With Microsoft Azure Attestation (MAA), Windows 11 can remotely verify a system’s hardware and software.
This allows companies and organisations to enforce so-called ‘Zero Trust’ policies when working in the Cloud.
Every user and every device is checked rather than being trusted by default.
In Windows 10, many security features were available, but turned off by default.
This raised the problem of users assuming they weren’t that important, and leaving them switched off.
In Windows 11, key security features such as Secure Boot and BitLocker device encryption are activated by default.
Without affecting performance.
Security may not be that noticeable or exciting.
However, for business users, it’s one of the most important reasons for making the switch to Windows 11.
What do developers need to know about Windows 11?
Developers can include the following in the Microsoft Store:
- Progressive web apps (PWAs)
- Win32 apps
- Universal Windows Platform (UWP) apps
In many cases, Microsoft has said that it won’t charge any fees for listing apps in the Store, which could open up a wealth of new content for users.
Developers also have the option to set up their own ecommerce engines, or use Microsoft’s in return for a 15% cut.
Find out more about Windows 11 for developers.
What are the requirements for Windows 11?
Windows 11 requires relatively new hardware.
Most PCs designed and sold in 2019 or later will work with Windows 11.
The published system requirements to run Windows 11 are:
- Processor - 1 GHz or faster with 2 or more cores on a compatible 64-bit processor or System on a Chip (SoC)
- RAM - 4 gigabyte (GB)
- Storage - 64 GB or larger storage device
- System firmware - UEFI, Secure Boot capable
- Graphics card - Compatible with DirectX 12 or later with WDDM 2.0 driver
- Display - High definition (720p) display that is greater than 9” diagonally, 8 bits per colour channel
- TPM – Perhaps the most important requirement is for a TPM (Trusted Platform Module) 2.0 security chip
TPM is a small chip installed in the machine that monitors security vulnerabilities.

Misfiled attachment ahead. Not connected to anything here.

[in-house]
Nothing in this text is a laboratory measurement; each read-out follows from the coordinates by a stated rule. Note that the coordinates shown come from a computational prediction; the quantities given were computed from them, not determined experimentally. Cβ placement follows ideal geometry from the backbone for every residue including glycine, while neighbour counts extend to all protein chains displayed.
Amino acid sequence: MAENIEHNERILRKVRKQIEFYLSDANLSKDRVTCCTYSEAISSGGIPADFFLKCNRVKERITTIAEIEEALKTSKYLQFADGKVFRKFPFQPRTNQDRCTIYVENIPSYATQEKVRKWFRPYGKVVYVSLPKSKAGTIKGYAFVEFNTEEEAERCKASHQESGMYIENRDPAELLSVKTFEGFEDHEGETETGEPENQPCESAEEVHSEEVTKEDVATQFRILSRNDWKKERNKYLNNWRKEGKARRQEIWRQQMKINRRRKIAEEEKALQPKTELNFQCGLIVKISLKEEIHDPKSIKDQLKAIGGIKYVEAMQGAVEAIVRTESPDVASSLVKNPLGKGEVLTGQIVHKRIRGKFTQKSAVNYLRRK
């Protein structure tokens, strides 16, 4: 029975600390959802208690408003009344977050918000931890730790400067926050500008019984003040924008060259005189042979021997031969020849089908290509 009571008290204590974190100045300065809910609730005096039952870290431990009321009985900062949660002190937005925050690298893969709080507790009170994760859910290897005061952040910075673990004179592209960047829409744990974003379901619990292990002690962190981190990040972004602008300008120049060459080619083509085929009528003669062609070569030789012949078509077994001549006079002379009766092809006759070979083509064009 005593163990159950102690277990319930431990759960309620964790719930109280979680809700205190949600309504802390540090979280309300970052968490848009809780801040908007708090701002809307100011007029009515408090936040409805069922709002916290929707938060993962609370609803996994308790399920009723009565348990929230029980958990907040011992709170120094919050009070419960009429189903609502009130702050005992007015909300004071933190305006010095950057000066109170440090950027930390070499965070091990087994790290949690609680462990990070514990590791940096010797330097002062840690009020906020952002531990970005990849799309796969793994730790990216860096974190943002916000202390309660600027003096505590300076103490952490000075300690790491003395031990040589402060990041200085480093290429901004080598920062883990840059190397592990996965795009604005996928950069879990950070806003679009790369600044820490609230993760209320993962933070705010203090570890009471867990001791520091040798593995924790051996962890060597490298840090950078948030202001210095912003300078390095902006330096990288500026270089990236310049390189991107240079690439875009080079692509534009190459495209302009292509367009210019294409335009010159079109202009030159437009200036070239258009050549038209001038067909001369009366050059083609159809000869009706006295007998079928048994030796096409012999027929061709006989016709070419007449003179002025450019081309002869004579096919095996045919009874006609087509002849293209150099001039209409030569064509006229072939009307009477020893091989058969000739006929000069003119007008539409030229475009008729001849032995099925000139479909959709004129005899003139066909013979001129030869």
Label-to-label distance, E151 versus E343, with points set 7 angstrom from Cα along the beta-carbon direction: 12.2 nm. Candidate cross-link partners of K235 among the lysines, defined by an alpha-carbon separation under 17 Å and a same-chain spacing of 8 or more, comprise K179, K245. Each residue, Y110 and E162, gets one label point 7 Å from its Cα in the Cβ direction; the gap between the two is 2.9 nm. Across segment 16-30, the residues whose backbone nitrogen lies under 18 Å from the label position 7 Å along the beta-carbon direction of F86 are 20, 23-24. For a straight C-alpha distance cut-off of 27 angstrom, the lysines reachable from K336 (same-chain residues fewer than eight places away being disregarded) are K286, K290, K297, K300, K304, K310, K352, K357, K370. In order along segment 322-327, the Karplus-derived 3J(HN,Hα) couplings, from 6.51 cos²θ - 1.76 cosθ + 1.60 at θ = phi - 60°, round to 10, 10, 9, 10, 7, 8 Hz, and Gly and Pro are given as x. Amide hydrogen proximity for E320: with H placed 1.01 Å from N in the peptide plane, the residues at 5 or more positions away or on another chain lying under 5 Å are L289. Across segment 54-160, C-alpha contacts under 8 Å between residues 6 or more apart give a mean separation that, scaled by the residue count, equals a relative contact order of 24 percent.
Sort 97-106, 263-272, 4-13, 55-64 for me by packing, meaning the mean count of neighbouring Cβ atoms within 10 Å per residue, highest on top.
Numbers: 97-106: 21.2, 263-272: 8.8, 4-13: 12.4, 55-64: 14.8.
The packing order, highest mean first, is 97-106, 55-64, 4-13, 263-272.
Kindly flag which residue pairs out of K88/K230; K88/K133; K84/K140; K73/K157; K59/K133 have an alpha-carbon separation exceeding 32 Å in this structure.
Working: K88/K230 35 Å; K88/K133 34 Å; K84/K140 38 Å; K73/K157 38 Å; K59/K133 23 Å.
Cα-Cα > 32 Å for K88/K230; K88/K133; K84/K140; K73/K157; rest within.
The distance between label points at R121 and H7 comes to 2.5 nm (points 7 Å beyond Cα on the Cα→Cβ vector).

While Microsoft is planning to allow some manufacturers to skip this requirement, most will have to include it.
If you’ve bought your PC or laptop within the last six years, your machine probably has a TPM already.
But it’s definitely worth checking.
There are also several features in Windows 11 that require specialised hardware, and a few existing features that have been removed.
You can find more details about the requirements for Windows 11 at the Microsoft website.
If you’re a member of the Windows Insider program or your device is already running Windows 10, you can run the PC Health Check app to find out whether your machine is compatible.
I have Windows 10. Can I get a free upgrade?
Windows 11 will be available as a free upgrade for anyone who’s currently using Windows 10.
If you’re an individual, you can do so via Microsoft’s website.
If you’re a business, please get in touch with your IT provider.
If you have a recent or new PC, you should be able to get it now.
A rollout for older machines running Windows 10 will be completed by the middle of 2022.
Windows 11 also comes pre-installed on new machines shipping right now.
If you’ve just ordered a PC or a laptop, it will probably come with Windows 11.
Should I upgrade to Windows 11?
If you’re current PC or laptop supports it, our answer is:
If you’ve been thinking about upgrading to a new machine, getting Windows 11 is a very good reason to take the plunge now.
While the new interface tweaks may take a little while to get used to, and you may miss some little features that have been removed, the enhanced security and workflow features make Windows 11 a must-have for business users.
If you’re worried about Windows 11 being a major change, bear in mind Microsoft’s thinking:
It’s fundamentally an evolution, not a revolution.
While it looks a little different at first glance, the underlying features and functionality remain the same.
What if I don’t want to upgrade to Windows 11?
If you prefer to keep using Windows 10, or your current machine doesn’t meet the requirements for Windows 11, you can keep using the older operating system for a while yet.
Windows 10 will be supported until 2025.
If you upgrade to Windows 11 and really don’t like it, there’s even an option to roll back to Windows 10 within 10 days of your installation.
What are you waiting for?
How can I get Windows 11?
Windows 11 was released on 4th October 2021 and is available for download now from the Microsoft site.
If you’re a business, please get in touch with your IT provider.
We really hope you enjoyed our quick guide to the Windows 11 vs Windows 10.
Now we’d like to hear from you:
Do you have any further questions about this topic?
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If you’re looking to upgrade to Windows 11 or would like to find out more, please feel free to get in touch.